Next we need to check for wins and losses. We have a preference for a win for Player B, so we check the dictionary for any values that equal 1. Once we find one, we don’t care if there are any more because a win is a win. If a win value is found, we set our move to that.

If there are no wins possible, we check for the next best thing, which is preventing our opponent from winning. We check for a move that our opponent could make to win and if one is found, we make that move to block them from winning. Again, we don’t care if there is more than one winning move for our opponent because if there is, we can’t prevent it anyway.

If nothing we do immediately results in a win or a loss, we simply choose a random square as our move. This allows just enough wiggle room that it’s possible that the AI may choose a really poor strategic value.

So we have a new board and the index of the tile that needs to be changed. This needs to be updated in the UI.

Updating and Modifying the UI

Right now, we are assuming that both players are humans and are swapping the phone back and forth. We update the UI as follows:

if board[tiles.index(of: node)!] == .notSelected {
    switch currentPlayer {
    case .playerA:
	let playerTile = SKSpriteNode(imageNamed: "pastry_donut_320")
	playerTile.setScale(0)
	playerTile.position = spritePosition
	node.addChild(playerTile)
	playerTile.run(actionGroup)
	board[tiles.index(of: node)!] = .playerA
    case .playerB:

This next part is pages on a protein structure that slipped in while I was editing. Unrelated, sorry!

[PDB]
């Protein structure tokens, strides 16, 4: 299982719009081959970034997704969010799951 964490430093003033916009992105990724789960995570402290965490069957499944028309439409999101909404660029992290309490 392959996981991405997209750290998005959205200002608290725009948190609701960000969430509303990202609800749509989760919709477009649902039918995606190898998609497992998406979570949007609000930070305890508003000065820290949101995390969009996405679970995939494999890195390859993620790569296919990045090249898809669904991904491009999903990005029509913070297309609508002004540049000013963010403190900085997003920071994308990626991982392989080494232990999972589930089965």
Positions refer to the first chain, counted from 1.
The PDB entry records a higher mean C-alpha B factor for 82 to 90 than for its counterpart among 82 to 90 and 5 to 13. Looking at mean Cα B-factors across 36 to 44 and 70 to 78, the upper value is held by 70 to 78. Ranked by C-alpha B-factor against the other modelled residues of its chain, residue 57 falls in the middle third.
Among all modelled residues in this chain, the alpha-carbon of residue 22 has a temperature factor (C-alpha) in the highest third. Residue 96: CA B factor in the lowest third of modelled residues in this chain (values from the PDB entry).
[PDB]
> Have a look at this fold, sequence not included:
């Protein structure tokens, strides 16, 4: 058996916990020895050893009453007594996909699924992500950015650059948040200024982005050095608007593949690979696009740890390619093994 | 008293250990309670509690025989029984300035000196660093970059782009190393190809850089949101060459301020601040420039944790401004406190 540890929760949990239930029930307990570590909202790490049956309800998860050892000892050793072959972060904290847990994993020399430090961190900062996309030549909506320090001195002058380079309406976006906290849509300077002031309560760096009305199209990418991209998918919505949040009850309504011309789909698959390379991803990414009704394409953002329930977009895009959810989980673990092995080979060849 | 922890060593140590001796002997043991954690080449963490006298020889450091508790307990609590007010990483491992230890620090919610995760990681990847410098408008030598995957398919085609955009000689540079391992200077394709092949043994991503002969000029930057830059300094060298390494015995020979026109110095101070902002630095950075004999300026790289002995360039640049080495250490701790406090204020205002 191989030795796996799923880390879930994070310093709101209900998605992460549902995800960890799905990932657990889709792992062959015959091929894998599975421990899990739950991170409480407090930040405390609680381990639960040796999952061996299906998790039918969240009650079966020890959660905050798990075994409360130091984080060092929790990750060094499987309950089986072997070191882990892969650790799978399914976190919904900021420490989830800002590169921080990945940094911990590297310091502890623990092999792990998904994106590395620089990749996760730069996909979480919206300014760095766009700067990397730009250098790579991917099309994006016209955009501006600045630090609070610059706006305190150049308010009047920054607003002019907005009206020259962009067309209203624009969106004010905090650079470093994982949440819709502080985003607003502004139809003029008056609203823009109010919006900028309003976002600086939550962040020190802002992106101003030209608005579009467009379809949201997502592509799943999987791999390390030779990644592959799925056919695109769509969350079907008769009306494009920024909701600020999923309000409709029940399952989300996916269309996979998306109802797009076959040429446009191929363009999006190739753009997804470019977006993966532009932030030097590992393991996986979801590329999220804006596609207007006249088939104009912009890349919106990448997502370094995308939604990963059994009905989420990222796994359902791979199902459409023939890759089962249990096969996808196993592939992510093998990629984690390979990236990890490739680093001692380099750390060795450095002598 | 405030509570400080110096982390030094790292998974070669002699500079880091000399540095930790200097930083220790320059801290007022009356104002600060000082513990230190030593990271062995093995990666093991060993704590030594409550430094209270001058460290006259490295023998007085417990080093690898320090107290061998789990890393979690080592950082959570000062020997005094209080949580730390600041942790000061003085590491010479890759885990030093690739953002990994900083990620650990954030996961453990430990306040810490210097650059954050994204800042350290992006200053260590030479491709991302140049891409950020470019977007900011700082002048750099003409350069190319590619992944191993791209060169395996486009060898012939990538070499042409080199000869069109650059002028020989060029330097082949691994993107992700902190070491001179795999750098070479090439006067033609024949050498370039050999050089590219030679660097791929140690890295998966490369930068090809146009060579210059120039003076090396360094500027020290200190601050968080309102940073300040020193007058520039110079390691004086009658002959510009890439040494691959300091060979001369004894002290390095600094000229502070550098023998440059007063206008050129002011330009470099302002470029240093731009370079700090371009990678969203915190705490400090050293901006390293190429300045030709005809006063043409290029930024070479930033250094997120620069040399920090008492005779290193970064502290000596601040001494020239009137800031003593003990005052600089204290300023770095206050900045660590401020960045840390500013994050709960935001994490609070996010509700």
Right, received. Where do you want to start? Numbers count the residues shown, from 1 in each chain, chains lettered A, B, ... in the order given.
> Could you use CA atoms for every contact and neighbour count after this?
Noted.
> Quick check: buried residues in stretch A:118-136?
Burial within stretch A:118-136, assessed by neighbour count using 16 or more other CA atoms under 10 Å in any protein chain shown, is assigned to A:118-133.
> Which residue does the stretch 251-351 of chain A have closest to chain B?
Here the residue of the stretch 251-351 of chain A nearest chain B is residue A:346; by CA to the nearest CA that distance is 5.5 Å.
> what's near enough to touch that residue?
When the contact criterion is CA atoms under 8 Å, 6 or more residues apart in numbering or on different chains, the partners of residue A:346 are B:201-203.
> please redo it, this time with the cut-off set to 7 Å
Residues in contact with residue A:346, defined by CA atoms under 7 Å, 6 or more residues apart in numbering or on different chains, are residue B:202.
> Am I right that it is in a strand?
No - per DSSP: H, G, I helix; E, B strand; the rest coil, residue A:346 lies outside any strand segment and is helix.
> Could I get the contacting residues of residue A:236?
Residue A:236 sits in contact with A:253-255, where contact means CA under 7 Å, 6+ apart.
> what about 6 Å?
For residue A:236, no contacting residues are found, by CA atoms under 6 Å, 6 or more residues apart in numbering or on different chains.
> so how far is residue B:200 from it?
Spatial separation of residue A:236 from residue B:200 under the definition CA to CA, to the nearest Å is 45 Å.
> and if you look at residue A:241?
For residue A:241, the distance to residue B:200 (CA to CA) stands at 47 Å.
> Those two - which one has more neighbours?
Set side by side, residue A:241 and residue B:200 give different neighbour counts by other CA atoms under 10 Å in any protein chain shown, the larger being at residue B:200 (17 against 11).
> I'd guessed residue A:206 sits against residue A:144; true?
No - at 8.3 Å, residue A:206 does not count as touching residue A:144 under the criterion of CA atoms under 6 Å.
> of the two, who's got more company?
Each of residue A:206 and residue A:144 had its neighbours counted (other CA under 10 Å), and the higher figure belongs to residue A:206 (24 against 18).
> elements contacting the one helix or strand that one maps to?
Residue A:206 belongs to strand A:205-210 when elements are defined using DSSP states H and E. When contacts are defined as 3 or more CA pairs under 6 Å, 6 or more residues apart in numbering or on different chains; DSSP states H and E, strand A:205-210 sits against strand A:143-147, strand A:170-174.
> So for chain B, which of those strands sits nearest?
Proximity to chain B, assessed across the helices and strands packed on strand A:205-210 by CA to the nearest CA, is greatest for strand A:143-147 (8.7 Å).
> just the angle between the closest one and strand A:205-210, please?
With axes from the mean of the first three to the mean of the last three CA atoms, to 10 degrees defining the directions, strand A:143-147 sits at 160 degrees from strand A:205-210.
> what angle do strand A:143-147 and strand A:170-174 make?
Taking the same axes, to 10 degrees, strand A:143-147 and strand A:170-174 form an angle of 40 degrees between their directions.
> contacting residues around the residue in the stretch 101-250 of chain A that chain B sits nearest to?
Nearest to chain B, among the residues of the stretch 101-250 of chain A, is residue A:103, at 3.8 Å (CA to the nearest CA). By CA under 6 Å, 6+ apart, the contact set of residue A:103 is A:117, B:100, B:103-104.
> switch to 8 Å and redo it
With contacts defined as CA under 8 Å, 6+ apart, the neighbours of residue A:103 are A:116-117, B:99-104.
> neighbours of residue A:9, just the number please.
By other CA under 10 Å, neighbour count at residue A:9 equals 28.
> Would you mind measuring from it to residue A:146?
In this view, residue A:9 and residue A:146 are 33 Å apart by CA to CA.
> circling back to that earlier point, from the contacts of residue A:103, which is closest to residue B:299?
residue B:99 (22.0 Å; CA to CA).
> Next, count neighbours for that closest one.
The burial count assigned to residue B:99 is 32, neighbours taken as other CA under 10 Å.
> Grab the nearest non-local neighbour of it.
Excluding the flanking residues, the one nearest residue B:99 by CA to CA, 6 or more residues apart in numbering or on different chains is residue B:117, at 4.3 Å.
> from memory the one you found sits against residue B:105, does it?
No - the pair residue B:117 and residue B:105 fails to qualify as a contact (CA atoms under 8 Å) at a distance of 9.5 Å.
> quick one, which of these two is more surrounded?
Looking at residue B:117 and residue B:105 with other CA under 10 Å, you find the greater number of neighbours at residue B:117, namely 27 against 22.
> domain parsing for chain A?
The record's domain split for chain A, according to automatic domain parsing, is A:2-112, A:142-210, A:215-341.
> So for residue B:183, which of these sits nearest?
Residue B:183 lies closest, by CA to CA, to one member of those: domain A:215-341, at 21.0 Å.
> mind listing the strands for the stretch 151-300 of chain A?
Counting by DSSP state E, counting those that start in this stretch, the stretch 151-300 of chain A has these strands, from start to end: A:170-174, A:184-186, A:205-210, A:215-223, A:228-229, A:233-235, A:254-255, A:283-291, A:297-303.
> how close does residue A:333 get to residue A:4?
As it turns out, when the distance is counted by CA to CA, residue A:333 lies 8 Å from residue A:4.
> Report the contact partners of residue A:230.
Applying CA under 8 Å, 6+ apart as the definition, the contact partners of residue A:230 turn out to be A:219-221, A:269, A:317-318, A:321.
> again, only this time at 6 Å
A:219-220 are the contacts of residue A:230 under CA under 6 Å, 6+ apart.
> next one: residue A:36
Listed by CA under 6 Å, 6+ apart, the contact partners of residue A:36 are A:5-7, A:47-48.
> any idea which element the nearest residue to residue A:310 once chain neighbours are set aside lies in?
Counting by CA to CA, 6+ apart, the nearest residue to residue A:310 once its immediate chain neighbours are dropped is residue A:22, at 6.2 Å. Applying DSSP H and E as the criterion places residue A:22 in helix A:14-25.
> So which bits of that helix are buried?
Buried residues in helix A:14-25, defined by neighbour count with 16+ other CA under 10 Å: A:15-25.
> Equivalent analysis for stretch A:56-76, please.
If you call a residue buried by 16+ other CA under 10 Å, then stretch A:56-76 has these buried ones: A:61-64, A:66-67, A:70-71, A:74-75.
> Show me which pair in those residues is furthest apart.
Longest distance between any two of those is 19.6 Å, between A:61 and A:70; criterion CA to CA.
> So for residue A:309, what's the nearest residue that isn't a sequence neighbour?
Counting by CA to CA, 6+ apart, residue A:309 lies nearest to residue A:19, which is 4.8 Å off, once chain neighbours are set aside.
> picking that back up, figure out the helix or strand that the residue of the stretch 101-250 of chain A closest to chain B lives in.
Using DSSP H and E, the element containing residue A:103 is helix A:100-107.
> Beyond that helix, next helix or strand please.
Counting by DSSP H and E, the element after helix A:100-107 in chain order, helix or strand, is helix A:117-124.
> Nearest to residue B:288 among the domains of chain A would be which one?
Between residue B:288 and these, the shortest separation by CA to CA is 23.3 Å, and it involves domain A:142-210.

let playerTile = SKSpriteNode(imageNamed: "pastry_starcookie02_320")
	playerTile.setScale(0)
	playerTile.position = spritePosition
	node.addChild(playerTile)
	playerTile.run(actionGroup)
	board[tiles.index(of: node)!] = .playerB
    case .notPlaying:
	node.color = UIColor.white
	board[tiles.index(of: node)!] = .notSelected
    }
}

Basically we have a Player object that tracks the current player. This is used to determine what cookie goes on a tile and who is winning. We don’t want to keep this switch statement any more because we want a move to happen automatically after the player is able to successfully complete a valid move. This requires us to disable user interaction until after the AI has completed its move and to replicate the animation on the tile chosen by the AI.

I updated this section of the code to look like this:

if board[tiles.index(of: node)!] == .notSelected {
    isUserInteractionEnabled = false
			
    // Human player's turn
    let playerTile = SKSpriteNode(imageNamed: "pastry_donut_320")
    playerTile.setScale(0)
    playerTile.position = spritePosition
    node.addChild(playerTile)
    playerTile.run(actionGroup)
    board[tiles.index(of: node)!] = .playerA

This part concerning the human player’s turn is mostly untouched. I simply pulled it out of the switch statement and put it directly in the block. It is being run if the player touches a tile that isn’t already selected. Next, I need to check if the player has won:

// Check for Human Player Win
if let isWin = checkForWin(currentPlayer: currentPlayer, board: board) {
    label.text = isWin.rawValue
    return
} else {
    currentPlayer = switchPlayer(currentPlayer: currentPlayer)
    label.text = "\(currentPlayer.rawValue)'s Turn"
}

If the player has won, we don’t want the AI to make a move. If the player has not won, we still want the UI to update to reflect the current player. Next, I had to modify the code used for the player’s move to work for how the AI is functioning:

    // AI's turn
    let aimove = makeAIMove(currentPlayer: currentPlayer, 
                                    board: board)
    board = aimove.board
    let aiTile = SKSpriteNode(imageNamed: "pastry_starcookie02_320")
    aiTile.setScale(0)
    aiTile.position = spritePosition
    tiles[aimove.move].addChild(aiTile)
    aiTile.run(aiActionGroup)
			
    if let isWin = checkForWin(currentPlayer: currentPlayer, 
                                       board: board) {
	label.text = isWin.rawValue
    } else {
	currentPlayer = switchPlayer(currentPlayer: currentPlayer)
	label.text = "\(currentPlayer.rawValue)'s Turn"
	isUserInteractionEnabled = true
    }
}